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My child did not like using sun protection: practices and perceptions of child sun protection among rural Black African mothers

Kunene, Zamantimande; Albers, Patricia N; Lucas, Robyn; Banwell, Cathy; Mathee, Angela; Wright, Caradee Y.

Description

Background: Photodamage is partially mitigated by darker skin pigmentation, but immune suppression, photoaging and cataracts occur among individuals with all skin types. Methods: To assess practices and acceptability to Black African mothers of sun protection equipment for their children living in a rural area, participants were recruited at the time of their child’s 18-month vaccinations. Mothers completed a baseline questionnaire on usual sun behaviours and sun protection practices. They...[Show more]

dc.contributor.authorKunene, Zamantimande
dc.contributor.authorAlbers, Patricia N
dc.contributor.authorLucas, Robyn
dc.contributor.authorBanwell, Cathy
dc.contributor.authorMathee, Angela
dc.contributor.authorWright, Caradee Y.
dc.date.accessioned2020-12-20T20:57:24Z
dc.date.available2020-12-20T20:57:24Z
dc.identifier.issn1471-2458
dc.identifier.urihttp://hdl.handle.net/1885/218252
dc.description.abstractBackground: Photodamage is partially mitigated by darker skin pigmentation, but immune suppression, photoaging and cataracts occur among individuals with all skin types. Methods: To assess practices and acceptability to Black African mothers of sun protection equipment for their children living in a rural area, participants were recruited at the time of their child’s 18-month vaccinations. Mothers completed a baseline questionnaire on usual sun behaviours and sun protection practices. They were then provided with sun protection equipment and advice. A follow-up questionnaire was administered two weeks later. Results: Mothers reported that during the week prior to the baseline questionnaire, children spent on average less than 1 hour of time outdoors (most often spent in the shade). Most mothers (97%) liked the sun protection equipment. However, many (78 of 86) reported that their child did not like any of the sun protection equipment and two-thirds stated that the sun protection equipment was not easy to use. Conclusions: Among Black Africans in rural northern South Africa, we found a mismatch between parental preferences and child acceptance for using sun protection when outdoors. A better understanding of the health risks of incidental excess sun exposure and potential benefits of sun protection is required among Black Africans.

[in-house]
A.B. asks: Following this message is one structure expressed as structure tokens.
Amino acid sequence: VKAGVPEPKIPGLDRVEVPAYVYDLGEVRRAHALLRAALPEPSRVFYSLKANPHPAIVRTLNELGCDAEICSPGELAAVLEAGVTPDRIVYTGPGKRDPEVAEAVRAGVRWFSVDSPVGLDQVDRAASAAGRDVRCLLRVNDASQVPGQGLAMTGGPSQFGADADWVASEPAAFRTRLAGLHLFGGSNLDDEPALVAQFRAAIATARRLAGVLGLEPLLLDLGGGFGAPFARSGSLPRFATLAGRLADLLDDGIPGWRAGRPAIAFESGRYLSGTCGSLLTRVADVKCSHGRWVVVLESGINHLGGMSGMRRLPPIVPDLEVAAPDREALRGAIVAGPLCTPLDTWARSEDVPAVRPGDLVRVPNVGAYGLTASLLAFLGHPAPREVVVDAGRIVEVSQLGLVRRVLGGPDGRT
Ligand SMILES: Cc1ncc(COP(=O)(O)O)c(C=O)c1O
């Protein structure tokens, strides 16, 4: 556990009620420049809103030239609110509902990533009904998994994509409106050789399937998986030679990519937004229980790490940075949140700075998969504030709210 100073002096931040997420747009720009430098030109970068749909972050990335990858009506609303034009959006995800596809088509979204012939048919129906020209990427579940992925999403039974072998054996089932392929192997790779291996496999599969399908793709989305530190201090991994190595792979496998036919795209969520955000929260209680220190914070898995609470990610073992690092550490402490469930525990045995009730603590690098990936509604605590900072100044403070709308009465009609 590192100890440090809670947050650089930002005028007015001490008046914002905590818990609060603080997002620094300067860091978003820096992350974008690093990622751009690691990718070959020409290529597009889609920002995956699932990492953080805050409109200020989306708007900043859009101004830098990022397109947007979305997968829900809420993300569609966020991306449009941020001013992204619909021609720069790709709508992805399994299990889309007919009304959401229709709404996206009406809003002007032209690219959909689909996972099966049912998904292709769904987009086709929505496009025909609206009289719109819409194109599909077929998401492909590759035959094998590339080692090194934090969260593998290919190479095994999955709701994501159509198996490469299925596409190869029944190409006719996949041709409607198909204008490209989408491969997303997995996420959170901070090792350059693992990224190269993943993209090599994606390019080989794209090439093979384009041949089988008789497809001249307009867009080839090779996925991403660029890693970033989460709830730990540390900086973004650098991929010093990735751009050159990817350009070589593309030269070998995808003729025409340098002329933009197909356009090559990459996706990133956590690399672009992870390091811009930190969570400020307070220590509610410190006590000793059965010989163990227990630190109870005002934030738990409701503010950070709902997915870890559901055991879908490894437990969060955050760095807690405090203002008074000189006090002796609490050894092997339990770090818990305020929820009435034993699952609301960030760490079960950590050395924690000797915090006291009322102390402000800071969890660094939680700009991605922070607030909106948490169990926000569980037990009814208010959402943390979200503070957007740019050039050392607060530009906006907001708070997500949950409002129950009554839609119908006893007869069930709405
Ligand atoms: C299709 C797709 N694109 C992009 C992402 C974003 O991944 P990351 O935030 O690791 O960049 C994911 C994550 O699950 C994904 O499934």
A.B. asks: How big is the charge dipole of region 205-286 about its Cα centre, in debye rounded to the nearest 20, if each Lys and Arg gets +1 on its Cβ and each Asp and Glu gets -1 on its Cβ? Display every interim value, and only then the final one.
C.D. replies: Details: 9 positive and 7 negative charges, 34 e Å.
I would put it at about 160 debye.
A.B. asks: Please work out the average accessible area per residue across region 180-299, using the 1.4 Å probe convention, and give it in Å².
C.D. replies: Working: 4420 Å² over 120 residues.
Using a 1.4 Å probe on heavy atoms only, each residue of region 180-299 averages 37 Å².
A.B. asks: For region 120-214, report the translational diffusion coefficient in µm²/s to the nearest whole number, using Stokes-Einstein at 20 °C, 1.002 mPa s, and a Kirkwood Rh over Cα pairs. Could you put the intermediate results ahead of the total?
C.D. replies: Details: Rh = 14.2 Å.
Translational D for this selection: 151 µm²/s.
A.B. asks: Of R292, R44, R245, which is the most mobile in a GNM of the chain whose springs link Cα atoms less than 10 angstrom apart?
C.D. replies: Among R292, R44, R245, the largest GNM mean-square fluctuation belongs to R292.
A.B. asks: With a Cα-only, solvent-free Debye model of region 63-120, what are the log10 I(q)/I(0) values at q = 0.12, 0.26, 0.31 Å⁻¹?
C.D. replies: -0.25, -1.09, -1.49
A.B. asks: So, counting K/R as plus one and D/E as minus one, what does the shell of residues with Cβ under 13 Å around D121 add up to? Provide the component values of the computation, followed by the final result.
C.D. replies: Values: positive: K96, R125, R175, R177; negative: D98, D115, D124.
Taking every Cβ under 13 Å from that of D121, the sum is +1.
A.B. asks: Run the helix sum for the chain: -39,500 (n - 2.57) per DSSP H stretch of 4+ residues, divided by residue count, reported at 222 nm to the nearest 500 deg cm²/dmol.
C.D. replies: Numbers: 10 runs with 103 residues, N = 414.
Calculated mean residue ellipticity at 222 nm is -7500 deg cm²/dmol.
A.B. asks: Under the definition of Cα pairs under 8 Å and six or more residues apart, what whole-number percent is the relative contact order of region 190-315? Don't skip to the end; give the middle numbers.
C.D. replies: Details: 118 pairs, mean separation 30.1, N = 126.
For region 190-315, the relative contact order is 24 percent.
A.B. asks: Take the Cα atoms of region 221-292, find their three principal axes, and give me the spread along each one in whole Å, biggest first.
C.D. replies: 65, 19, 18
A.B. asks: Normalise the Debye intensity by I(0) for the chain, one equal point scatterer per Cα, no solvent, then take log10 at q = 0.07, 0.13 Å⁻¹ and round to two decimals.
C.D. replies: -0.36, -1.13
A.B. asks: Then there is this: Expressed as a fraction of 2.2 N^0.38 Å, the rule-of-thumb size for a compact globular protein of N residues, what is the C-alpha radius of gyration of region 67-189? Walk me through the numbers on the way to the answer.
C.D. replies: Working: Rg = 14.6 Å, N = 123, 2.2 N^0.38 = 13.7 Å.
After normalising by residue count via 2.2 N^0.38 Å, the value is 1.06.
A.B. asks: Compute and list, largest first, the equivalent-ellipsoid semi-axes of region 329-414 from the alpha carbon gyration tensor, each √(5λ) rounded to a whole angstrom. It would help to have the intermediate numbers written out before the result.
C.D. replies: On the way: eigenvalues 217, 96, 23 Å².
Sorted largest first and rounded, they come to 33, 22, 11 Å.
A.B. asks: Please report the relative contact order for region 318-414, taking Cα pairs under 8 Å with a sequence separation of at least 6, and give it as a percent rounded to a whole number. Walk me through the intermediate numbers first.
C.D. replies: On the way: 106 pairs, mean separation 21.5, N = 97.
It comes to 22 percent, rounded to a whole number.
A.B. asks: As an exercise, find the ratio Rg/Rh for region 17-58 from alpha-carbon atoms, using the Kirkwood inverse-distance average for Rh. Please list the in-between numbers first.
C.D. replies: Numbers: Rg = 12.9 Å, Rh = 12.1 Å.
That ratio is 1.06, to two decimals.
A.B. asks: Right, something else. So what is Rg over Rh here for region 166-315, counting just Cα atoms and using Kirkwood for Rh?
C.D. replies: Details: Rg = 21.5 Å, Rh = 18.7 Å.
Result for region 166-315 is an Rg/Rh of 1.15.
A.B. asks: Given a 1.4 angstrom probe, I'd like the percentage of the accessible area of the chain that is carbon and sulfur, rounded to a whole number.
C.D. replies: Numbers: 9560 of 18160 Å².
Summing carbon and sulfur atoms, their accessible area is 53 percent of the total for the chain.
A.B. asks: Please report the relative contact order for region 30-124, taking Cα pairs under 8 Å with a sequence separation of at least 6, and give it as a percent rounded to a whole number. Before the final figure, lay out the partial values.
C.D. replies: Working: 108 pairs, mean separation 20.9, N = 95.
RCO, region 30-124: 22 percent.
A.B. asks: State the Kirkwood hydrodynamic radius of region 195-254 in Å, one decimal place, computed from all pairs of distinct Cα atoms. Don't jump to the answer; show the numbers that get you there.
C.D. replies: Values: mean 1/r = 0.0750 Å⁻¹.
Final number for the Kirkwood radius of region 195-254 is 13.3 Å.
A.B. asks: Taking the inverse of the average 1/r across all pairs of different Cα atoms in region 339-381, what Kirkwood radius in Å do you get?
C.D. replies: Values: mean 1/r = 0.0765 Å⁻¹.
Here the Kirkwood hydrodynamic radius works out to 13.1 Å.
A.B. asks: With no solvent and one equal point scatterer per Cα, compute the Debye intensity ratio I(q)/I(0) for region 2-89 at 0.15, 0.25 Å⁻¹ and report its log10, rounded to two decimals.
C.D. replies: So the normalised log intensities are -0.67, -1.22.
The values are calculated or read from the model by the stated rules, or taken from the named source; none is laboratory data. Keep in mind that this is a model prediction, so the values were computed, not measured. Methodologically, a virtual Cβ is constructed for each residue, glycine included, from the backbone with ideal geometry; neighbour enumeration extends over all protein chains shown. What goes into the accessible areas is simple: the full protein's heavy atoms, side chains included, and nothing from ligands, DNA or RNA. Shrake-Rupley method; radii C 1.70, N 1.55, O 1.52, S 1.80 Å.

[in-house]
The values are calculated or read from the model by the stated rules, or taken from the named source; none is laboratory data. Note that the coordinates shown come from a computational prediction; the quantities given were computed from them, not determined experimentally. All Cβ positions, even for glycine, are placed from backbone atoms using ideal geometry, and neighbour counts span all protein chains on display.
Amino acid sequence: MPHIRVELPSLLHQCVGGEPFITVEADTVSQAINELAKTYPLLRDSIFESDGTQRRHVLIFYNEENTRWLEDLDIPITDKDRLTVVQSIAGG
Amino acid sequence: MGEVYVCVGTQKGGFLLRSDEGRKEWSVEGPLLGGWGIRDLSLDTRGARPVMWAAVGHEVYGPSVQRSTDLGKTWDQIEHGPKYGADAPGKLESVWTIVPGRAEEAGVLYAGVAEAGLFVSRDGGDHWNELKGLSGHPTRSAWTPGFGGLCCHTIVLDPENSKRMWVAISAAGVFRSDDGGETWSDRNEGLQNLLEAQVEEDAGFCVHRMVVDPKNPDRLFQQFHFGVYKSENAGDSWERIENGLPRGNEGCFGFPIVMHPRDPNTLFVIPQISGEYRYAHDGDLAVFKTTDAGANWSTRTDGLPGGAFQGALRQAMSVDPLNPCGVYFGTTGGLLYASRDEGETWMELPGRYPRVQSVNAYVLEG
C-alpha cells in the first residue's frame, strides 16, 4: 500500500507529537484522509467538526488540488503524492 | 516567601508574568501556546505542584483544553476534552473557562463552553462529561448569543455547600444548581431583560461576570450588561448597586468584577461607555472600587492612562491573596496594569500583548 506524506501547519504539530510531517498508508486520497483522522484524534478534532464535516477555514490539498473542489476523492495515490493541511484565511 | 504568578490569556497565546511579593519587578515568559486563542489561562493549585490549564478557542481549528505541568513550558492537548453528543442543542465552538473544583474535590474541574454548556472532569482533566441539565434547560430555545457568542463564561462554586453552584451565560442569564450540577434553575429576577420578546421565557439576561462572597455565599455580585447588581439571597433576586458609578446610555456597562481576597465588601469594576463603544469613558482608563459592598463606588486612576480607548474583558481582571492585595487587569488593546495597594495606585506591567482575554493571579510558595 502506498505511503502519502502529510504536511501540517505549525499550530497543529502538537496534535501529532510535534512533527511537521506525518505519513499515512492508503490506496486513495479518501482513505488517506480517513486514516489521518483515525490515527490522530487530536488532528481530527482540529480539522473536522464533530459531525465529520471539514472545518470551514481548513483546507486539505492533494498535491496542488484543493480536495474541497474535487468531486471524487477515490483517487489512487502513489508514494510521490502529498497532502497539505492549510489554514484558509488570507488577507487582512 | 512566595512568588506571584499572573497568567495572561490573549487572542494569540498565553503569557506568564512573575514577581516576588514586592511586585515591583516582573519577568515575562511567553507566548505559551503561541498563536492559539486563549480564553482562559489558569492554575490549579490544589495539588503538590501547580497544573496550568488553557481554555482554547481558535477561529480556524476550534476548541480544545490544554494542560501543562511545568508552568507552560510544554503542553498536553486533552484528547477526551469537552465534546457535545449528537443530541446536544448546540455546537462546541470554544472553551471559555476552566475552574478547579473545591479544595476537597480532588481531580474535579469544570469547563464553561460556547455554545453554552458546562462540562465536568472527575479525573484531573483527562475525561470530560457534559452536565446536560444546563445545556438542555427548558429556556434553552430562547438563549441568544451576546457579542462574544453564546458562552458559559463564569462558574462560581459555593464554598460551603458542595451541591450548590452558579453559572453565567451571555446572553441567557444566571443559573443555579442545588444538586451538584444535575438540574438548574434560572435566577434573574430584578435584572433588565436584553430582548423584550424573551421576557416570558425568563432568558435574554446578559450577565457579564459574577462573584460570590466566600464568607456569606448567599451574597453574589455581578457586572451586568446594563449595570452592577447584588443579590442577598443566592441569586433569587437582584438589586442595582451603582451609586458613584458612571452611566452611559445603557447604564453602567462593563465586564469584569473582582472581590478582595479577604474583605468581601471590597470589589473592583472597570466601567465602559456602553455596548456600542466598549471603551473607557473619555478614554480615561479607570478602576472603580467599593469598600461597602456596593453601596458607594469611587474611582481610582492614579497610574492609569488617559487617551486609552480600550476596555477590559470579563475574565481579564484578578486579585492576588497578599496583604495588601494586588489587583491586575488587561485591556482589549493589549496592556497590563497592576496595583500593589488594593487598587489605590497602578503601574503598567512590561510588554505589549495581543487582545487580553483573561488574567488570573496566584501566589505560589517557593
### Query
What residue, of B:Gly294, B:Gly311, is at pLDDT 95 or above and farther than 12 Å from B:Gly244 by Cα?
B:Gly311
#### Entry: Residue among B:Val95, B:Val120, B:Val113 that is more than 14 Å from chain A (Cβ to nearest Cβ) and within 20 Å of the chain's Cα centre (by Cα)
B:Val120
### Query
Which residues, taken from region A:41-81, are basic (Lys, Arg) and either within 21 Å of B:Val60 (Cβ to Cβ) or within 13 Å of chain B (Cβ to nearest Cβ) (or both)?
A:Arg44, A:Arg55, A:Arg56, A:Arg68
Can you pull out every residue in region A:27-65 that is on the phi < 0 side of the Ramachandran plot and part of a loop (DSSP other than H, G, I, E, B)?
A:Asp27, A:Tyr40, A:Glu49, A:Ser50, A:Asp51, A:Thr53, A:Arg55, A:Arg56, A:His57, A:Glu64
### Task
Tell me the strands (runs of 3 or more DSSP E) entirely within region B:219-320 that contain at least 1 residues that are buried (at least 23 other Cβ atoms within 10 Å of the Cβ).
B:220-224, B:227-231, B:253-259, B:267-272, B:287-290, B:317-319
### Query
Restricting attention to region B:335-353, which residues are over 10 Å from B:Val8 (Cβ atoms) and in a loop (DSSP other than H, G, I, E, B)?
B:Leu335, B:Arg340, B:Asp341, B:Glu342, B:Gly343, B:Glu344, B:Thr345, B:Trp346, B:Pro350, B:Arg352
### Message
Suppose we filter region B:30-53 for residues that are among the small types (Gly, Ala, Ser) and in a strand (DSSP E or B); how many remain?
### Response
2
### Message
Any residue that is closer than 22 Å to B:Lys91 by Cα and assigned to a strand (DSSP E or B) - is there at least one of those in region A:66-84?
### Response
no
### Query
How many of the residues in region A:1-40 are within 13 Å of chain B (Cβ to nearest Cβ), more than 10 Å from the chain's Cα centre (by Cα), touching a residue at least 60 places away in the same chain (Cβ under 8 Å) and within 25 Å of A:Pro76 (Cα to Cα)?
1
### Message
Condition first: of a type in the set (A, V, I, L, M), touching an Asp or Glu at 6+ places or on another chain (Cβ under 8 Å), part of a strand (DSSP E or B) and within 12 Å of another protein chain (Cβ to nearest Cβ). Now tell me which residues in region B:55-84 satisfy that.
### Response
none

dc.format.mimetypeapplication/pdf
dc.language.isoen_AU
dc.publisherBioMed Central Ltd.
dc.sourceBMC Public Health
dc.titleMy child did not like using sun protection: practices and perceptions of child sun protection among rural Black African mothers
dc.typeJournal article
local.description.notesImported from ARIES
local.identifier.citationvolume17
dc.date.issued2017
local.identifier.absfor111706 - Epidemiology
local.identifier.ariespublicationu4492120xPUB168
local.type.statusPublished Version
local.contributor.affiliationKunene, Zamantimande, South African Medical Research Council, Johannesburg, South Africa
local.contributor.affiliationAlbers, Patricia N, South African Medical Research Council
local.contributor.affiliationLucas, Robyn, College of Health and Medicine, ANU
local.contributor.affiliationBanwell, Cathy, College of Health and Medicine, ANU
local.contributor.affiliationMathee, Angela , South African Medical Research Council, Johannesburg, South Africa
local.contributor.affiliationWright, Caradee Y., South African Medical Research Council and University of Pretoria, Pretoria, South Africa
local.bibliographicCitation.issue677
local.identifier.doi10.1186/s12889-017-4688-7
local.identifier.absseo920204 - Evaluation of Health Outcomes
dc.date.updated2020-11-23T10:51:39Z
local.identifier.scopusID2-s2.0-85028362836
local.identifier.thomsonID000408765500001
CollectionsANU Research Publications

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